The second change has taken place in the United States, following on the issuance, early in the Obama Presidency, of Executive Order 13526. This was a significant and ambitious attempt to reframe the handling of records in the US government system, to provide for their automatic declassification after 25 years and their transfer to the National Archives and Records Administration. A narrowly specified range of records, mostly security related, remains outside the ambit of the automatic declassification scheme and subject to special treatment under the Freedom of Information Act (B1, Information Classified to protect national security).50

A third change has taken place in Australia, where the access regime with regards to records generated by Australian security and intelligence agencies remains restrictive, but where the Australian government has decided to invest in the commissioning and publication of a range of independent, official histories of key elements of the Australian community, including ASIO (Australian Security Intelligence Organisation) and DSD (Defence Signals Directorate).51

All of these efforts are worthy of deeper examination for Canadian purposes. But they all signal responses among our allies to a common problem of achieving greater transparency and accountability for security and intelligence systems through the preservation of government records, their transfer to national archives, and public openness.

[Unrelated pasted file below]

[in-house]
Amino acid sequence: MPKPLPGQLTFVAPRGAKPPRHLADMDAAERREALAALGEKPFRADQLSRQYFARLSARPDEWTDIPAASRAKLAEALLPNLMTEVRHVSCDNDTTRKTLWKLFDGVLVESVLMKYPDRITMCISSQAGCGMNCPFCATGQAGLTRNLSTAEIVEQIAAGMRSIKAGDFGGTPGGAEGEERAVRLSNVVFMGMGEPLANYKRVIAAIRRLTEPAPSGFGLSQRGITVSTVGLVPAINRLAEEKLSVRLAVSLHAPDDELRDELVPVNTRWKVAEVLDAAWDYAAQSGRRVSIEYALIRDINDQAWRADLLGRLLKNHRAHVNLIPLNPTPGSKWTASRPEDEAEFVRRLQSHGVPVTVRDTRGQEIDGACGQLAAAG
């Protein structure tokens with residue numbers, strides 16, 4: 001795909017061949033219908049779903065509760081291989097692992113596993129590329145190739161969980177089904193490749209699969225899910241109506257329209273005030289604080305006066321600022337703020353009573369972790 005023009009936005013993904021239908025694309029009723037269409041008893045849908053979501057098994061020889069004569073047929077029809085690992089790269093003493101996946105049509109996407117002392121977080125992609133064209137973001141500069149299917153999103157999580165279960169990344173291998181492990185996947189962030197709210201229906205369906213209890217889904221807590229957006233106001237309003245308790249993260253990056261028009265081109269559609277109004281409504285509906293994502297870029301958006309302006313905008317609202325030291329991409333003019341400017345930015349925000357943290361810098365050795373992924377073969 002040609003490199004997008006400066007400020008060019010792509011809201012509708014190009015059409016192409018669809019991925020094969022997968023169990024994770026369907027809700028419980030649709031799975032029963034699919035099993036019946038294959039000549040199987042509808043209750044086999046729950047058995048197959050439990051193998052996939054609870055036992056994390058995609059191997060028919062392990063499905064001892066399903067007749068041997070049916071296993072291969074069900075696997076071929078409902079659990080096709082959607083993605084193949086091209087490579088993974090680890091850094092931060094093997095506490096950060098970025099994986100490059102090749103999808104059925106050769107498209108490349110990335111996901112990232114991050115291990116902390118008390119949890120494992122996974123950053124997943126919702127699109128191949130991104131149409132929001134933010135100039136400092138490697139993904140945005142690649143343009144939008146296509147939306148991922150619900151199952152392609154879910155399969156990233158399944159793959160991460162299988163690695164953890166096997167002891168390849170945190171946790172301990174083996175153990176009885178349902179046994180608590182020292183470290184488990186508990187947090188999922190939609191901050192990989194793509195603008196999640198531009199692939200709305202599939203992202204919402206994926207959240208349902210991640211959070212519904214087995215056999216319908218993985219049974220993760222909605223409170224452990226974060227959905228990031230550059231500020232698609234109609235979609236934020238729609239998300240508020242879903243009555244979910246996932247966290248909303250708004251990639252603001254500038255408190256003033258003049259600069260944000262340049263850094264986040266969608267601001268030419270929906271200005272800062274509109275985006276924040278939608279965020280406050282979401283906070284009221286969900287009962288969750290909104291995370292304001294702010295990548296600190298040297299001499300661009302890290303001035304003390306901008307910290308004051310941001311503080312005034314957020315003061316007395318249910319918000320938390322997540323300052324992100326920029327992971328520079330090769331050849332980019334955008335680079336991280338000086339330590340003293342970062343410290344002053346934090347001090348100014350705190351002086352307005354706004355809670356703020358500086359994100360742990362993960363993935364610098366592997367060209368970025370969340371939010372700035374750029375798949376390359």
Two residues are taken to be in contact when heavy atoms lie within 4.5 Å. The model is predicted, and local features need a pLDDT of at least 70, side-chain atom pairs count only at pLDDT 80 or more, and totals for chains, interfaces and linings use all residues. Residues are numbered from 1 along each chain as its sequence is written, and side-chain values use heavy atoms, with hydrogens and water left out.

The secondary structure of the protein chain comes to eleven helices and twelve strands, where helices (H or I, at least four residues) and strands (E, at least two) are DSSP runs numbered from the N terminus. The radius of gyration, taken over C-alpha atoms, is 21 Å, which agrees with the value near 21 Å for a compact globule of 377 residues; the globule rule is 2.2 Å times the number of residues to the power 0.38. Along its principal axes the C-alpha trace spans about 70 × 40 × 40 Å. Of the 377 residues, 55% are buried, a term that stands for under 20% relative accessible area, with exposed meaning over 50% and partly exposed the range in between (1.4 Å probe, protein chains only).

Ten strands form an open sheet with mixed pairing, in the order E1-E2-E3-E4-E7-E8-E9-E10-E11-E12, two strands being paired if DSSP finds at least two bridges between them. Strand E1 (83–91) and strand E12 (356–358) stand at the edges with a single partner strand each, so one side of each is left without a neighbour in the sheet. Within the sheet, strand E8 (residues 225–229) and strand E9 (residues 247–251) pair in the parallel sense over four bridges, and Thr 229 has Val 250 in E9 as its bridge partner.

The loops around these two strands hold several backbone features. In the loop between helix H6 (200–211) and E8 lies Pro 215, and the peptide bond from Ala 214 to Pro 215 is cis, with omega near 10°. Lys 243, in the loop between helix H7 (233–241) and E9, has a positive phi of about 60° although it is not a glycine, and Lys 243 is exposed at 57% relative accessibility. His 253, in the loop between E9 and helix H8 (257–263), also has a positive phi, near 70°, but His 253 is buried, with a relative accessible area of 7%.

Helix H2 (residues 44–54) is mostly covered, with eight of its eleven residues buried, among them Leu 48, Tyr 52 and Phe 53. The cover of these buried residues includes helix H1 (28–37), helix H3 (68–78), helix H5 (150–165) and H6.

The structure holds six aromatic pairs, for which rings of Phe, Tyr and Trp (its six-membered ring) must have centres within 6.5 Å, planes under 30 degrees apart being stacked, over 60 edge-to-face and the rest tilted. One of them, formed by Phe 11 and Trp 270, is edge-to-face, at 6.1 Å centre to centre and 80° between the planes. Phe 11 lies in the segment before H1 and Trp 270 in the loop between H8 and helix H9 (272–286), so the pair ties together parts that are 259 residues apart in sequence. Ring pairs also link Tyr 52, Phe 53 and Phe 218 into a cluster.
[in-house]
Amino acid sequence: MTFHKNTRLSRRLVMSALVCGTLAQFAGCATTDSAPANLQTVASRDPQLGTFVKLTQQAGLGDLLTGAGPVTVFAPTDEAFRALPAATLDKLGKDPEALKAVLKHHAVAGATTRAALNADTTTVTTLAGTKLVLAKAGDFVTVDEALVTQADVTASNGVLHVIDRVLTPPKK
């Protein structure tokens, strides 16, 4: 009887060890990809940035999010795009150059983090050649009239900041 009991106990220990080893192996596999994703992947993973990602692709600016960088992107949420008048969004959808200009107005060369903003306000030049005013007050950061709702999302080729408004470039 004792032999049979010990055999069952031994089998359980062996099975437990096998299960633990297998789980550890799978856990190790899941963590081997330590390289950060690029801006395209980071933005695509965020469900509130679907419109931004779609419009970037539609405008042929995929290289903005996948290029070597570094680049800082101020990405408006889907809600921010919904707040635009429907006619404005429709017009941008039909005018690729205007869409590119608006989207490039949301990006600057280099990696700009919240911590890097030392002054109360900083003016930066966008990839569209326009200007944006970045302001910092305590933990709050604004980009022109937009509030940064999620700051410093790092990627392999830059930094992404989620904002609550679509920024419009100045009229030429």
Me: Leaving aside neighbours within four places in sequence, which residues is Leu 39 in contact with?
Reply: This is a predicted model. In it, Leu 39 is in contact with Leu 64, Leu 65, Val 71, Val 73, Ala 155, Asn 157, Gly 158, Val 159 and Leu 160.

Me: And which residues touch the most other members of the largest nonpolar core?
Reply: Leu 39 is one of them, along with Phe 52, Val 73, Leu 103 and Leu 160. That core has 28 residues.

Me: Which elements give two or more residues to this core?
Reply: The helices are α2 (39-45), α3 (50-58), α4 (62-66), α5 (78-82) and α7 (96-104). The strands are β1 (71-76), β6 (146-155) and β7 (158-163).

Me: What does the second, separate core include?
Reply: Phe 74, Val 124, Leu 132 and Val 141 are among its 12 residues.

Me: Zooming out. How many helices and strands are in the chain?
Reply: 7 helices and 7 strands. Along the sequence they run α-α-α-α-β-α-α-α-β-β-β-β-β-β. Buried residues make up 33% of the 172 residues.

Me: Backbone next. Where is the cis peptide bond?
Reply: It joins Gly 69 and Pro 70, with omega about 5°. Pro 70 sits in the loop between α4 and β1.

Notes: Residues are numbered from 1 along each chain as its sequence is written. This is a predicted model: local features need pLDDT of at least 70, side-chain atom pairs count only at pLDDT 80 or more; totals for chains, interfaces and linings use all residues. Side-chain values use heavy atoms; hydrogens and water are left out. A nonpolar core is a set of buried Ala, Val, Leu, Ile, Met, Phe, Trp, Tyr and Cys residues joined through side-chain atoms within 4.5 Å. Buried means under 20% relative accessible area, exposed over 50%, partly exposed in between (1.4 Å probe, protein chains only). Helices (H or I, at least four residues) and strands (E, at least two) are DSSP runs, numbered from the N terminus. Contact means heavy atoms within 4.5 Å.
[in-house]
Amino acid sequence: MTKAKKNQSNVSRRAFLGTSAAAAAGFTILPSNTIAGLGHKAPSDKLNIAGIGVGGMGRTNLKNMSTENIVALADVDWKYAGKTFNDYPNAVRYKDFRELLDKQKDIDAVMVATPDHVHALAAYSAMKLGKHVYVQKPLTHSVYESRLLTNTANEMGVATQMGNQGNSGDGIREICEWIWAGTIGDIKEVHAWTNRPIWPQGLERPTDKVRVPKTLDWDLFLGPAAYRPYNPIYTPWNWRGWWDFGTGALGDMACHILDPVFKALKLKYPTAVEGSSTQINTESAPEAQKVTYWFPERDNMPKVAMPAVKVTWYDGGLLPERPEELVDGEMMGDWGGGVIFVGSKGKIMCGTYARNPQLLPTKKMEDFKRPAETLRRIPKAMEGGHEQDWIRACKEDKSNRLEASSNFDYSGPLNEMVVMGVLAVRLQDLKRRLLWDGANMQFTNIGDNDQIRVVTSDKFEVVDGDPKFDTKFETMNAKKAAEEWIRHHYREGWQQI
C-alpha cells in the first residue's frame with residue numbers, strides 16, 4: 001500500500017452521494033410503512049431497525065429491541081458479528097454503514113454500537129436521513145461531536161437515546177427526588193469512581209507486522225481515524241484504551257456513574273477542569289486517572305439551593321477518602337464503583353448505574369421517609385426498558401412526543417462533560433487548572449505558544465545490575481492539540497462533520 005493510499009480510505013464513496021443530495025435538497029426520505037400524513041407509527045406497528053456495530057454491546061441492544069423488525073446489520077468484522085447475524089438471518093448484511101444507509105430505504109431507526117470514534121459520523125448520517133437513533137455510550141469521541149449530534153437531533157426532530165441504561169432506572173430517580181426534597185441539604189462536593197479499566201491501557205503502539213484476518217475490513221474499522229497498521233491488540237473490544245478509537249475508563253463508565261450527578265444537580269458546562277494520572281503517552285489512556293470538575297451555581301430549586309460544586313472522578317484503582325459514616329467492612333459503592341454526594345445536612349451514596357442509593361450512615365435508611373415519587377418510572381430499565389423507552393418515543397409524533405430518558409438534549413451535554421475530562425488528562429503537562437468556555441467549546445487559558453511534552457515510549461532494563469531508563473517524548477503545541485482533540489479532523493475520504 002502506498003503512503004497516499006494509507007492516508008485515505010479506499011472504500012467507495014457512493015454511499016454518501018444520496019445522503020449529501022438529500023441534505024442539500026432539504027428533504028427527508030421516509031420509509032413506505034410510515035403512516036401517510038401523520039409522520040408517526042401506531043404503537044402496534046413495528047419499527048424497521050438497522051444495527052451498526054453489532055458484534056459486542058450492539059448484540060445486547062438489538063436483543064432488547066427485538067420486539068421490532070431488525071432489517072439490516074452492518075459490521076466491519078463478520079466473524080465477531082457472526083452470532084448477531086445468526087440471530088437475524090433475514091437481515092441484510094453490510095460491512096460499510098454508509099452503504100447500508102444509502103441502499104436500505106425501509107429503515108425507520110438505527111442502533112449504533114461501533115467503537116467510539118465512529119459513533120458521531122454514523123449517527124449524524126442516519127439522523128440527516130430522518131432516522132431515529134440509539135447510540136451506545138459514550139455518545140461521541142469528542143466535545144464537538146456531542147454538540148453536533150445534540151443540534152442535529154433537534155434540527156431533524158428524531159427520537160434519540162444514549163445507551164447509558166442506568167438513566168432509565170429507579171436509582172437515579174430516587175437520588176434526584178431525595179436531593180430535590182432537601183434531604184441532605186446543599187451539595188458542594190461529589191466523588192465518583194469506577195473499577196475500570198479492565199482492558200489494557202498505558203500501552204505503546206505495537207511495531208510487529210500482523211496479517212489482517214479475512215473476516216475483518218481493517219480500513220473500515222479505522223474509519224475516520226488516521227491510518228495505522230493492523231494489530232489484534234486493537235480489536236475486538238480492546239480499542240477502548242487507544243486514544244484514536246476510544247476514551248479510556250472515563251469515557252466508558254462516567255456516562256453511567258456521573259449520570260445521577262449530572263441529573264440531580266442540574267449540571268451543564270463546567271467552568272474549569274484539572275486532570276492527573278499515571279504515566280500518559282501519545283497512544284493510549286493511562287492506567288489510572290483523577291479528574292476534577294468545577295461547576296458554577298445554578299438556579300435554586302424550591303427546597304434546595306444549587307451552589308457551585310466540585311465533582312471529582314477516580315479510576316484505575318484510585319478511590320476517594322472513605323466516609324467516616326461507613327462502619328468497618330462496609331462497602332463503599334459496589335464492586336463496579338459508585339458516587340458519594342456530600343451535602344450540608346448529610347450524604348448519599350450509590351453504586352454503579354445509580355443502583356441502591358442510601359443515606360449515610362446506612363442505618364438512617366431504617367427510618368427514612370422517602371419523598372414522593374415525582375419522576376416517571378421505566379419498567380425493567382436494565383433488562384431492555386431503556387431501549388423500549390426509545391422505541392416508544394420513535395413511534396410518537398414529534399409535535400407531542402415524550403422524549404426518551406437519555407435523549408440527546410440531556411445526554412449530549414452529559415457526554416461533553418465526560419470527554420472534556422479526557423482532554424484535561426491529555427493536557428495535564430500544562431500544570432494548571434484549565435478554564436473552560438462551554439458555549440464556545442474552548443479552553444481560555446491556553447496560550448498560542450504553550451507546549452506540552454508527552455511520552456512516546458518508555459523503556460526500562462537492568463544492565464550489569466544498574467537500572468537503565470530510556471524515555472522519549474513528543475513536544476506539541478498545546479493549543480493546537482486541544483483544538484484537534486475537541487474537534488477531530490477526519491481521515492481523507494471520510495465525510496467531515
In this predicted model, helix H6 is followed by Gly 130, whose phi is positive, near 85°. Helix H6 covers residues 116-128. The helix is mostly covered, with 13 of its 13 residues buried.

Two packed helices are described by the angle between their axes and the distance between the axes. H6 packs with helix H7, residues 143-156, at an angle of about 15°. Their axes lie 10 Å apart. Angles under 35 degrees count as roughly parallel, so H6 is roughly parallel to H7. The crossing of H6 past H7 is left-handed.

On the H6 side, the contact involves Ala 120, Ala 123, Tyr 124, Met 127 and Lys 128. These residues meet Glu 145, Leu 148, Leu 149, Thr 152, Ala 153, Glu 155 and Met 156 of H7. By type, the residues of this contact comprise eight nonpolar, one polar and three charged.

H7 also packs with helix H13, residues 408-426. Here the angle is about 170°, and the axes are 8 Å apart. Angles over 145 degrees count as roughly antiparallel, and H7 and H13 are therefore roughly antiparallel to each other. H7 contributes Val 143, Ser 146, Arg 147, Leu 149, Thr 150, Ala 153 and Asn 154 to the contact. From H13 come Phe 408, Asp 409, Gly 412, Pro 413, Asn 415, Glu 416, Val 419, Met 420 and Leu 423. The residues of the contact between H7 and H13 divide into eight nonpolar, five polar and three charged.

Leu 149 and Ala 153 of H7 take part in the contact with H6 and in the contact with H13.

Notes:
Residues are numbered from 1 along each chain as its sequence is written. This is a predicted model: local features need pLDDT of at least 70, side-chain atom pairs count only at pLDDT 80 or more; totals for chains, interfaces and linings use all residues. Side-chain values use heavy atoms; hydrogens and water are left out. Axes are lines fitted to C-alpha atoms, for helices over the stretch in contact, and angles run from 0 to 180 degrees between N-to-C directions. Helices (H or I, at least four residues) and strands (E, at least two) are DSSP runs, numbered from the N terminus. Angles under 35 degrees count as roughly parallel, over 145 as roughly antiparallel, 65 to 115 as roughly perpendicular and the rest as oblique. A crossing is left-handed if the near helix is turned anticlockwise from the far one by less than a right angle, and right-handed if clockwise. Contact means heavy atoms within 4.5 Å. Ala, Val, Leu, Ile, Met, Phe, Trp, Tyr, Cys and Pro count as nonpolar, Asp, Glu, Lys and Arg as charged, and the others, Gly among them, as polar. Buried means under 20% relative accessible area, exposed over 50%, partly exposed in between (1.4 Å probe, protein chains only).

9.  Ideas for a Way Forward

A strategy for declassification and release of historic national security and intelligence is in keeping with the Government of Canada’s commitments to open government, to democratic accountability, to learning lessons, and to national security transparency.

To move forward on declassification of national security and intelligence records in a systemic way requires a strong public interest rationale and championing by relevant partners in government. There are, of course, many competing demands for delivery of an “Open Government” philosophy and the case has to be strongly made for attention to the historic records problem.

The Office of the Information Commissioner, in keeping with its mandate, has a strong interest in ensuring that the Access to Information Act can be an effective instrument of openness, including with respect to sensitive historic records.

The public interest rationale has three branches.